Day 538 – Two Top Tunes

Bit busy today, so herewith a bit of music that I’ve been enjoying more than other music I’ve been listening to recently. (Not that that other music was particularly bad – these are just two top tunes).

First off, The War On Drugs title track to their upcoming album, I Don’t Want To Live Here Anymore.

More of the same same. Perfect.

And then this: The Mauritian Badminton Doubles Champion, 1973. Yes, really.

It’s so, so good. And what a title! Look out for Calls To Tiree from earlier in the year, as well.

Definitely echoes of Dry The River (RIP) in there.

New Ceremony

Back to 2012 and some of the sadly now defunct Dry The River.

“Why, oh why did they have to go their separate ways?” he wailed.
At least they left us with two albums. And a few videos too. This is New Ceremony, from Shallow Bed: their debut foray into the world of music.

Set, as you will note, as some sort of series of dioramas of American history and life, is it bemoaning the divisions in that society, begging for some sort of resolution between warring parties?

Possibly. Either way, it’s going to be on repeat on the iPod for this weekend.

Everlasting Light

More from Dry The River, who announced a mini UK tour last night, a couple of months or less too late for me to see any of their performances. To Youtube then, and this video of the boys being flung around a gym by some female judoistas.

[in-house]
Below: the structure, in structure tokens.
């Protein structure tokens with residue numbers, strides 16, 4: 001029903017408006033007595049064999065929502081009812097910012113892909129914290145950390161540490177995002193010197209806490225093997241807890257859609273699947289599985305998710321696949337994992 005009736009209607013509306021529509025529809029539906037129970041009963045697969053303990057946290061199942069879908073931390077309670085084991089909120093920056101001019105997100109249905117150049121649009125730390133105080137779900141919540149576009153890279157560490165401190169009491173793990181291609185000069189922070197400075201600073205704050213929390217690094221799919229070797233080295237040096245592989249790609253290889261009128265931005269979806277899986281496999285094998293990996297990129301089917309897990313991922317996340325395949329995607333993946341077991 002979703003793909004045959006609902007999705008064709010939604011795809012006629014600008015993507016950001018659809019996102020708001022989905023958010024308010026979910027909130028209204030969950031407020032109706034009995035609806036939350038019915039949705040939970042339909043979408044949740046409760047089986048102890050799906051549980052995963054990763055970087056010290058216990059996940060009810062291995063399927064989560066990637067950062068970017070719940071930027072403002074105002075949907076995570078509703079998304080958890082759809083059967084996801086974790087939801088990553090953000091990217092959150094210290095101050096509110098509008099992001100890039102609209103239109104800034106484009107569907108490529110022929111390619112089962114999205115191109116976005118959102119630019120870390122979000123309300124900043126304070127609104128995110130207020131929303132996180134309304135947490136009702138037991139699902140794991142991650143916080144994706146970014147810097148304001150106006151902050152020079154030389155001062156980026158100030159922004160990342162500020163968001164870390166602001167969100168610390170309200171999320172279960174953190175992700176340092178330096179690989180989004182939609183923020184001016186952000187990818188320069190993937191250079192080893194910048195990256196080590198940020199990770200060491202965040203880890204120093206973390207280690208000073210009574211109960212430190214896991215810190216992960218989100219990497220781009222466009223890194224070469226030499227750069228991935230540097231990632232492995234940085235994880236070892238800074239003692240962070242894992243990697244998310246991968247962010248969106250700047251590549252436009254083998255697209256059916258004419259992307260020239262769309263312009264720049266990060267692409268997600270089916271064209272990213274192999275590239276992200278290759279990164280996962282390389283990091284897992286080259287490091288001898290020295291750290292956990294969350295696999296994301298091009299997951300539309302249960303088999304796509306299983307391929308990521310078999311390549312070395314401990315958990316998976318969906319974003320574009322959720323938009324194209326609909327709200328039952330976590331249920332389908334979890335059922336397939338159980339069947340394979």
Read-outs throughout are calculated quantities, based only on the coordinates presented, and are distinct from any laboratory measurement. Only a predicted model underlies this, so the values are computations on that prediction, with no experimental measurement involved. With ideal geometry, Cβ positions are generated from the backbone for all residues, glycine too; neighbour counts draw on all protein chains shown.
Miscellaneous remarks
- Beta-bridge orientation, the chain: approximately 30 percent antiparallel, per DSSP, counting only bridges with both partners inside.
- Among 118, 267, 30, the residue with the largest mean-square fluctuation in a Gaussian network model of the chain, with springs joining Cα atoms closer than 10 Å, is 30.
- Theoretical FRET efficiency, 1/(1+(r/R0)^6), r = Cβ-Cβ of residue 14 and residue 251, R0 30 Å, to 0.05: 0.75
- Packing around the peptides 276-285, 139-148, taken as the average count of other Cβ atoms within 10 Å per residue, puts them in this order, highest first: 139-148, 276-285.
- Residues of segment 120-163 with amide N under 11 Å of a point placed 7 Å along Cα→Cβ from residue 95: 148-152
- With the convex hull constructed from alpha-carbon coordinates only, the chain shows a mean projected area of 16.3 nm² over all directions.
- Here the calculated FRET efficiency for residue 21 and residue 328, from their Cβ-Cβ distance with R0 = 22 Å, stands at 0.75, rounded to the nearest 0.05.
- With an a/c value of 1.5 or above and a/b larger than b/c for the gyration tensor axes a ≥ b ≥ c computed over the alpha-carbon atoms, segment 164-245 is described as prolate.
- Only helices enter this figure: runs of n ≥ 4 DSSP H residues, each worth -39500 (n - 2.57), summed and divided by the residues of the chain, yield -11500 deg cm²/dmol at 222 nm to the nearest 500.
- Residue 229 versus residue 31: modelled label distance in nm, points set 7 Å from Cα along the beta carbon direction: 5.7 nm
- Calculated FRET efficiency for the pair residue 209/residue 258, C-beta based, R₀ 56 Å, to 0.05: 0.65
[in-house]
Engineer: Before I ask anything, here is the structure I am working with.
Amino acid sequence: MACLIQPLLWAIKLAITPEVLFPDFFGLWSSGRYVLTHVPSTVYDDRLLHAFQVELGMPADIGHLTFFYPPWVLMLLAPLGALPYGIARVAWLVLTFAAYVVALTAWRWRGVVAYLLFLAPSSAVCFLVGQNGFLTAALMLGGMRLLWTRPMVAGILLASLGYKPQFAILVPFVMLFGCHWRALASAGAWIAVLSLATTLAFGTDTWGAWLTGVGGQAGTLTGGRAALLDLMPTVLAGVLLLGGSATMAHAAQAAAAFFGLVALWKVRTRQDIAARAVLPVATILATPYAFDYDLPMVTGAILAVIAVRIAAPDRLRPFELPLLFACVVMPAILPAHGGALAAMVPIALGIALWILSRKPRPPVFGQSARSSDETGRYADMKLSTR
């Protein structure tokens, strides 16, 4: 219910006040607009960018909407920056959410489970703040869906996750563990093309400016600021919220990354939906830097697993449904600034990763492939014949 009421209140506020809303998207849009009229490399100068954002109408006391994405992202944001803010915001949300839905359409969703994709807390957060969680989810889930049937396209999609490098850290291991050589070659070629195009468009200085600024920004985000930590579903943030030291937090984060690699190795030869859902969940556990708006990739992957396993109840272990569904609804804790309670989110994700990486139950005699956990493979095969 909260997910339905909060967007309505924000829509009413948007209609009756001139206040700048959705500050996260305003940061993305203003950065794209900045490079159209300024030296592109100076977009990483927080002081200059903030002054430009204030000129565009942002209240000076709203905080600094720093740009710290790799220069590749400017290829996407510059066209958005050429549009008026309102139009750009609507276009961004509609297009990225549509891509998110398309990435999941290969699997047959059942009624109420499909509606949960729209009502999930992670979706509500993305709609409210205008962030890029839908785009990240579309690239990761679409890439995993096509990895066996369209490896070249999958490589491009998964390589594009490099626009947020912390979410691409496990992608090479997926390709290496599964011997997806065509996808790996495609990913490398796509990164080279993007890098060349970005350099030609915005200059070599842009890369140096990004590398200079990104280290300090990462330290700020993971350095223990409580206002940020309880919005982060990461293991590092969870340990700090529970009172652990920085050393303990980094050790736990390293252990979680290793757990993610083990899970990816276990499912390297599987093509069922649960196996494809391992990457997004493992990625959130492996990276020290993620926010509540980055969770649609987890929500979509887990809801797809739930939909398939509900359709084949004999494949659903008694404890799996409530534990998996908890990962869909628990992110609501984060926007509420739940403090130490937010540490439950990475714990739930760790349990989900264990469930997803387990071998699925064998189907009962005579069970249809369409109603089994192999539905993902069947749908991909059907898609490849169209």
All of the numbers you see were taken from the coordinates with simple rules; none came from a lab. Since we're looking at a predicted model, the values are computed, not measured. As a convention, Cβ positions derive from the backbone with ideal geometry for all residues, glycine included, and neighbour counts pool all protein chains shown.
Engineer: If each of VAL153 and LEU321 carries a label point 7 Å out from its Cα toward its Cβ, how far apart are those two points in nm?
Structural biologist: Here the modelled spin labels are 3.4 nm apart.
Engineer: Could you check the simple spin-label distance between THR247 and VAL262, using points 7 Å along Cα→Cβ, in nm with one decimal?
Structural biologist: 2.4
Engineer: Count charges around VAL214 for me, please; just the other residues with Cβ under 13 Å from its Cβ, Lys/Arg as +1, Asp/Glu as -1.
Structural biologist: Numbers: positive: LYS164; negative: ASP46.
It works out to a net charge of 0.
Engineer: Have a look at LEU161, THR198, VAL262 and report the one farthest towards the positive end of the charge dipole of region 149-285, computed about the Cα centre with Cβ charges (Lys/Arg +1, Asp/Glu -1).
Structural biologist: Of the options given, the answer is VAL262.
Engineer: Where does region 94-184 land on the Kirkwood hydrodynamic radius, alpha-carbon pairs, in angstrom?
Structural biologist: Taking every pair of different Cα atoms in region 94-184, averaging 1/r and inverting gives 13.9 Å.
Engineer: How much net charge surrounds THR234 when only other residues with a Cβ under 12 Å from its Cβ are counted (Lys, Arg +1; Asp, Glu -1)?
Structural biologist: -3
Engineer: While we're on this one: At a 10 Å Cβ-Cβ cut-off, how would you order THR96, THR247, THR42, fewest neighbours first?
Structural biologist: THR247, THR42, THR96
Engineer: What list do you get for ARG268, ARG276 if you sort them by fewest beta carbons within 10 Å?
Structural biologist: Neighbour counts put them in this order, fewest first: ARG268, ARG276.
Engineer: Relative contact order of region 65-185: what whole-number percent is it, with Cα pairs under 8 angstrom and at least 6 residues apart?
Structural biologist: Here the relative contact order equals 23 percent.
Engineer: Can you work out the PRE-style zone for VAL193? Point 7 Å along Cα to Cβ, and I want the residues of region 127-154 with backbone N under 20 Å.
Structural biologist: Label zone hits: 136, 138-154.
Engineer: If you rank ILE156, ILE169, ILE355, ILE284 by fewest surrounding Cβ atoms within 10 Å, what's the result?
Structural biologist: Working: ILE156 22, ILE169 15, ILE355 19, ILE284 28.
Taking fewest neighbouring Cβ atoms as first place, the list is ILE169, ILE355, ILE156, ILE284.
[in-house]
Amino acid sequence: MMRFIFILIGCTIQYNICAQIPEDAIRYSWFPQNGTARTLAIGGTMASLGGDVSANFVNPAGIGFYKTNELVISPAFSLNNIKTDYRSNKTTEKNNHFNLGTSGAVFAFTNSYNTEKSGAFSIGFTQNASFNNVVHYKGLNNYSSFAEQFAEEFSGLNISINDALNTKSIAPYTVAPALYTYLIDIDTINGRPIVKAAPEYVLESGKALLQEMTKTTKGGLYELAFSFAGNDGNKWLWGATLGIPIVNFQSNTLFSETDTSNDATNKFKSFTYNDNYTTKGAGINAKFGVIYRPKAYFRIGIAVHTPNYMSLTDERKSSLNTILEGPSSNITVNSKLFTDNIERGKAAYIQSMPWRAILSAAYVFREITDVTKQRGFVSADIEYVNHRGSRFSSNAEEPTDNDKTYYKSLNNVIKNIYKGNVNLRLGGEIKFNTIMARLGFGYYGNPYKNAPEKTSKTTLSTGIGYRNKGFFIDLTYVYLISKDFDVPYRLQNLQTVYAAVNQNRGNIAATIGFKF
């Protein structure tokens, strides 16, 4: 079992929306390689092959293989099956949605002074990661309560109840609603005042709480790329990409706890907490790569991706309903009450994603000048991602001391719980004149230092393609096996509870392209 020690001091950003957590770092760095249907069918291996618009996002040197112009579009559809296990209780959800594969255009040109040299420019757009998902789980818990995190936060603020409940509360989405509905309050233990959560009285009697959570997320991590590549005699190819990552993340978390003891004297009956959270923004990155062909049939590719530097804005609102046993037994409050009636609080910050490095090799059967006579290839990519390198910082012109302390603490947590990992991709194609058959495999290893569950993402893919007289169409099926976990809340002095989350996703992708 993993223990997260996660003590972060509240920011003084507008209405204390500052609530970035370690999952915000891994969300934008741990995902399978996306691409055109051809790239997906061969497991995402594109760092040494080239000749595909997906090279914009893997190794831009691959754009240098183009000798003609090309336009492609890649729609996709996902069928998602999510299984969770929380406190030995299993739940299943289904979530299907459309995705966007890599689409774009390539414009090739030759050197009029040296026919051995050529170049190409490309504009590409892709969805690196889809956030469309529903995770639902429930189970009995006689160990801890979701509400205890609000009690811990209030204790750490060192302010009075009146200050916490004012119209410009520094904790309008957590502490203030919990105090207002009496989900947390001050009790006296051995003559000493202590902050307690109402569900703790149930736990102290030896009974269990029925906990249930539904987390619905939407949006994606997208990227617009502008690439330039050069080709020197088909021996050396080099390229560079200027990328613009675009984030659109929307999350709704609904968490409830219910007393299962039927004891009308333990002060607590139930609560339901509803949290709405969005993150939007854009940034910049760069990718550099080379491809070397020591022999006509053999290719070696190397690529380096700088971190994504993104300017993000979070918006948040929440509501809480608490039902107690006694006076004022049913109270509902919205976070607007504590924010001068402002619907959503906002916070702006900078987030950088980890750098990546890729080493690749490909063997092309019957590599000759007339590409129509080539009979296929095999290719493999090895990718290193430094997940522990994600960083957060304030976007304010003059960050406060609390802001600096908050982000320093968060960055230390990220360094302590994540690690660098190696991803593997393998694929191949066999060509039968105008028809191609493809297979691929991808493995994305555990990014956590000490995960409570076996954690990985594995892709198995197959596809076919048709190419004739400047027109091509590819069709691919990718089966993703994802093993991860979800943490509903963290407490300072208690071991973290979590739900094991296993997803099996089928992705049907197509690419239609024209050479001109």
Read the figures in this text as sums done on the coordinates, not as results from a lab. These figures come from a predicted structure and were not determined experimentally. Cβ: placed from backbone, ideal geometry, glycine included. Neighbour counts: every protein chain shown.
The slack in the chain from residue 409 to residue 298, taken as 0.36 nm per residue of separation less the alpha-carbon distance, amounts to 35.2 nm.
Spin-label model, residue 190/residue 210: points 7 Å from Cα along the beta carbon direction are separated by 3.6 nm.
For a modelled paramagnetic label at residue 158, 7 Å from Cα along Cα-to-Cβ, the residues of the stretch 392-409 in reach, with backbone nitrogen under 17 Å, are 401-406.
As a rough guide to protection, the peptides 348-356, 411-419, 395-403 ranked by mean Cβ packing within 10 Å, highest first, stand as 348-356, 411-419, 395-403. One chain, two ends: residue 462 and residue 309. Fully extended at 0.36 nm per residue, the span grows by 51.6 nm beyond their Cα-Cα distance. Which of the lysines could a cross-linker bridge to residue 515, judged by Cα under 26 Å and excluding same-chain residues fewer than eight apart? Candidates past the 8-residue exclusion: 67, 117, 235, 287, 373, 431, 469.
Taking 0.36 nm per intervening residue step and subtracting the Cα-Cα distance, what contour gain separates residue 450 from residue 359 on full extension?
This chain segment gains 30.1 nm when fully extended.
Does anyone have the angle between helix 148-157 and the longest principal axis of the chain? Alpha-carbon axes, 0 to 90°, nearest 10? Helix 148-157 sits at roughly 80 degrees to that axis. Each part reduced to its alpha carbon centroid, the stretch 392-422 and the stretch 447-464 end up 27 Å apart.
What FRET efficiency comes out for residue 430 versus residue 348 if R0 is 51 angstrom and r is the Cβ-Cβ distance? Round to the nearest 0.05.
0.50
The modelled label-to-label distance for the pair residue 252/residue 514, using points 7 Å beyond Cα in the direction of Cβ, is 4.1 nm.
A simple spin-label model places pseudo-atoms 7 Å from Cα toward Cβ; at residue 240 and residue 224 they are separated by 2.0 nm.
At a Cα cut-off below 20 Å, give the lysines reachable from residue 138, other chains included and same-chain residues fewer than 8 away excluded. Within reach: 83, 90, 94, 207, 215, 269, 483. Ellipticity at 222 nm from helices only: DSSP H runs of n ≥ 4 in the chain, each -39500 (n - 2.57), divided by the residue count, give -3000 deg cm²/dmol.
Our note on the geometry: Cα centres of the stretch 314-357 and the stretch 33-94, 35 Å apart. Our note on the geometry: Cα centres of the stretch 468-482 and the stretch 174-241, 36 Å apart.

Nice song. And it’s even better live, as this video of the band at Glastonbury last year proves.

I guess I’ll just have to wait for the announcement of their Cape Town dates.

It Was Love That Laid Us Low

Chilled out vibes from these guys for a Friday afternoon:

I’m not sure what effect the placed wallet has on the sound of the drum? And does it make a difference if it’s filled with credit cards or cold hard cash? Does the character of the music change as the band becomes more (or less) successful?

I’m over-analysing. It’s a lovely song, and it’s Friday afternoon.

Dry The River

If, when he left this comment, Jon Liddle was attempting to generate some sort of interest in his son’s band’s new album, well then, he’s succeeded. I’ve had a quick wander through their back catalogue and – while there’s a bit of gospel, a lot of beard, some violin and more than the occasional hint of banjo – it’s well worth a listen. This ain’t no Mumford and Sons/Lumineers mashup. Thankfully.

Recording in Iceland was about shutting ourselves off from our daily lives and our heavy touring schedule to rediscover what Dry the River means to us. We suspected it would be some kind of otherworldly experience, and it was: beautiful and alien, lonely and taxing but ultimately rewarding.

So yes, the tenuous link was Iceland: its wild beauty and solitude. And they did a documentary on just how that worked out for them:



The end product, Alarms in the Heart, is so heavily engrained with that process, that strange location and the experience of being there, that you have to take the two together.

I’ll be giving the album a full listen and I’ll let you know how that goes, but in the meantime, here’s Gethsemane: which features on the documentary from about 8 minutes in and just. fits. perfectly.

My son doesn’t have a band, but when he does, I’ll probably advise him to head to Marion Island (SA’s equivalent of Iceland, I guess) to record that difficult second album. “Fewer beards,” I’ll also tell him.

Safety first.

UPDATE: More information about Dry The River? Here.